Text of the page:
The magical world of Piero Fornasetti

by Will Farmer 

Over the last 10 years Fornasetti’s designs have become more and more popular as his son Barnaba and now company director has transformed the firm into a global brand which is loved and collected around the world. From the surreal to the simply beautiful his work is now a must have amongst designers and passionate collectors. As a new exhibition opens in Venice his work is as relevant today as when first imagined over 60 years ago!

Piero Fornasetti was born on the 10th  November 1913 in Milan. A natural artist and designer he began drawing incessantly from the age of ten always practicing and developing what was an intuitive skill. As a young man Fornasetti decorated his parents home with frescos influenced by Renaissance images seen in books, while balloons and airplanes covered the ceilings scenic views adorned the walls. In 1930 and aged just 16 the young Fornasetti chose to revolt against the preferred path chosen by his father abandoning his accountancy studies to take up drawing classes at the Accademia Brera. After only two years Fornasetti found himself expelled for insubordination!

In 1933 Fornasetti embarked on a path of creative discovery that was to develop into a lifetime of artistic expression in all walks of design and interior decoration. One of Fornasetti's earliest and most significant projects was the creation of a number of silk scarves for the 1933 Milan Triennale that were printed in a trompe l’oeil effect using newspaper print for pattern. Despite being rejected by the committee they marked the beginning of his love for quirky surface pattern and a desire to exhibit his designs on an international scene. Undeterred Fornasetti returned over following years with stronger and more adventurous designs. By 1940 he had caught the attention of Gio Ponti, an Italian architect who was to become Fornasetti's most important and loyal patron. Together their collaboration on furniture designs and large scale interior decoration projects created some of the most significant landmarks of 20th century design.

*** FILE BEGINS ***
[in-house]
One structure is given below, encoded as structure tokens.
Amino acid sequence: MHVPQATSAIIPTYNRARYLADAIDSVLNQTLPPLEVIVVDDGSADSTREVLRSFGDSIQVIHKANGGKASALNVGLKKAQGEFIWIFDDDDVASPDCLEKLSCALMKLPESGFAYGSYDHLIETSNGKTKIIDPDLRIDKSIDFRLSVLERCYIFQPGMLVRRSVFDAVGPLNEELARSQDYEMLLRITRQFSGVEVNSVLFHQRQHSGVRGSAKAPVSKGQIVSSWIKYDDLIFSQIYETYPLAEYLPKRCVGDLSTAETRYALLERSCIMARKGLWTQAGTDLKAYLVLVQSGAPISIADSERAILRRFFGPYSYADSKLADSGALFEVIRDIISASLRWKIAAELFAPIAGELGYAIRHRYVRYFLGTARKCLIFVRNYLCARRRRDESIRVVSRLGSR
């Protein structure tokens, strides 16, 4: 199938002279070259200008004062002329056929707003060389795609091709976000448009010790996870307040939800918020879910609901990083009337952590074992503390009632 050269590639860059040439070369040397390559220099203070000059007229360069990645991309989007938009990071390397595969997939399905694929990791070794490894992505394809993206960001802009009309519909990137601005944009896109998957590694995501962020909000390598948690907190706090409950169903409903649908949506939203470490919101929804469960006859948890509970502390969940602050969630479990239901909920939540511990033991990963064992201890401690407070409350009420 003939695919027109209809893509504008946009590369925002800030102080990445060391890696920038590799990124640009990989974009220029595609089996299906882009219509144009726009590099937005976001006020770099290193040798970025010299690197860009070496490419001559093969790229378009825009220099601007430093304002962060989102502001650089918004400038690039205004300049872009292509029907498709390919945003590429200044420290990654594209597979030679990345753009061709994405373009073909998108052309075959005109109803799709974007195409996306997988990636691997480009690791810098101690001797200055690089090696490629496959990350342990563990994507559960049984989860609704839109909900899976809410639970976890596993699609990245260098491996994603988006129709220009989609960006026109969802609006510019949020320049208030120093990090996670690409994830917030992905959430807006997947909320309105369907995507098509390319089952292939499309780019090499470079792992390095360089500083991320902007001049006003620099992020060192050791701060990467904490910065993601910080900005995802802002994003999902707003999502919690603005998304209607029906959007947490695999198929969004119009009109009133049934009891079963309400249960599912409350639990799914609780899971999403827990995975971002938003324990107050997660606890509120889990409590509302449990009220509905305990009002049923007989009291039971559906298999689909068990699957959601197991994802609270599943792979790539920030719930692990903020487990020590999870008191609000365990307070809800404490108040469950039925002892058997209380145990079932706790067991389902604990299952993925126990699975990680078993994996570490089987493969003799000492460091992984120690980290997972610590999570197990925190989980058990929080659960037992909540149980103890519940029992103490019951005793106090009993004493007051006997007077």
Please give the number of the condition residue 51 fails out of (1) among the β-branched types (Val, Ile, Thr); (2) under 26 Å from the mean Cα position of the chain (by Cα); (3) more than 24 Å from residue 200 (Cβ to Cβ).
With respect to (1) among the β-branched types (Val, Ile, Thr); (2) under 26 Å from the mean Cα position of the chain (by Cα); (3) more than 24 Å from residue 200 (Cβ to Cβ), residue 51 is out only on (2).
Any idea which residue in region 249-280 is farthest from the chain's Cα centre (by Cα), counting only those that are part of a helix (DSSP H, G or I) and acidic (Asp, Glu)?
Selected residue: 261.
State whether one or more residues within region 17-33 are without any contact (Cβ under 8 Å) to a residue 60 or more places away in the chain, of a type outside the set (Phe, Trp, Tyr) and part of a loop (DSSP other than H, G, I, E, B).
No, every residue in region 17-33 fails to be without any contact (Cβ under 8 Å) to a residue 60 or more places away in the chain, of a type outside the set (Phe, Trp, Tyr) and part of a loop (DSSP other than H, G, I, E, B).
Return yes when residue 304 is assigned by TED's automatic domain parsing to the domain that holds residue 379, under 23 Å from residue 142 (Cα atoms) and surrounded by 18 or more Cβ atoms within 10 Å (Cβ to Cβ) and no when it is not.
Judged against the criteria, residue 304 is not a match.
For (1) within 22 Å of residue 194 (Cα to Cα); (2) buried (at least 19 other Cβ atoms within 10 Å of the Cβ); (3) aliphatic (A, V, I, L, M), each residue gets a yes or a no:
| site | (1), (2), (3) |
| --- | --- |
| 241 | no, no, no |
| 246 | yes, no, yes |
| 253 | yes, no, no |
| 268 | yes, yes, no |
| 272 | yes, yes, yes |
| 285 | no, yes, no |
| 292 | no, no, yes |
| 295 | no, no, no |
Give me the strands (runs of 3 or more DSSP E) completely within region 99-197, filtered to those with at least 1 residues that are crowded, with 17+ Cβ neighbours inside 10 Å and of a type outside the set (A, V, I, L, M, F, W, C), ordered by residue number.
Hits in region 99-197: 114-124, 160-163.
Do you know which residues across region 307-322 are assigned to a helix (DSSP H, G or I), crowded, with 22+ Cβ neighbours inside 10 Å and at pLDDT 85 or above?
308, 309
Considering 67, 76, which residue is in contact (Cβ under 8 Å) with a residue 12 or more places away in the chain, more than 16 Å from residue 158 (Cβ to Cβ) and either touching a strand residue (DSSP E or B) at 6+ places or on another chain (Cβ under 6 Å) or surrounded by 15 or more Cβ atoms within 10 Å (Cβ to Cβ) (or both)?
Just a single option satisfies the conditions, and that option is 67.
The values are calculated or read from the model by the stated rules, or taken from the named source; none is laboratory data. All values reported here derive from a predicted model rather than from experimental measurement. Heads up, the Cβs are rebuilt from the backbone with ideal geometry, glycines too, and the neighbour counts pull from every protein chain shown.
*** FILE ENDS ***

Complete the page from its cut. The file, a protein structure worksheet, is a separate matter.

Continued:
Fornasetti was fundamentally a visionary, a designer who transferred his fervent and formidable imagination to everyday objects. To call him a designer is by no small measure underplaying his achievements. He was an artist, illustrator, graphic designer, craftsman and of course a businessman. The greater majority of his work however is decoration applied to objects designed by others, be it the interior of a casino or the surface of a desk.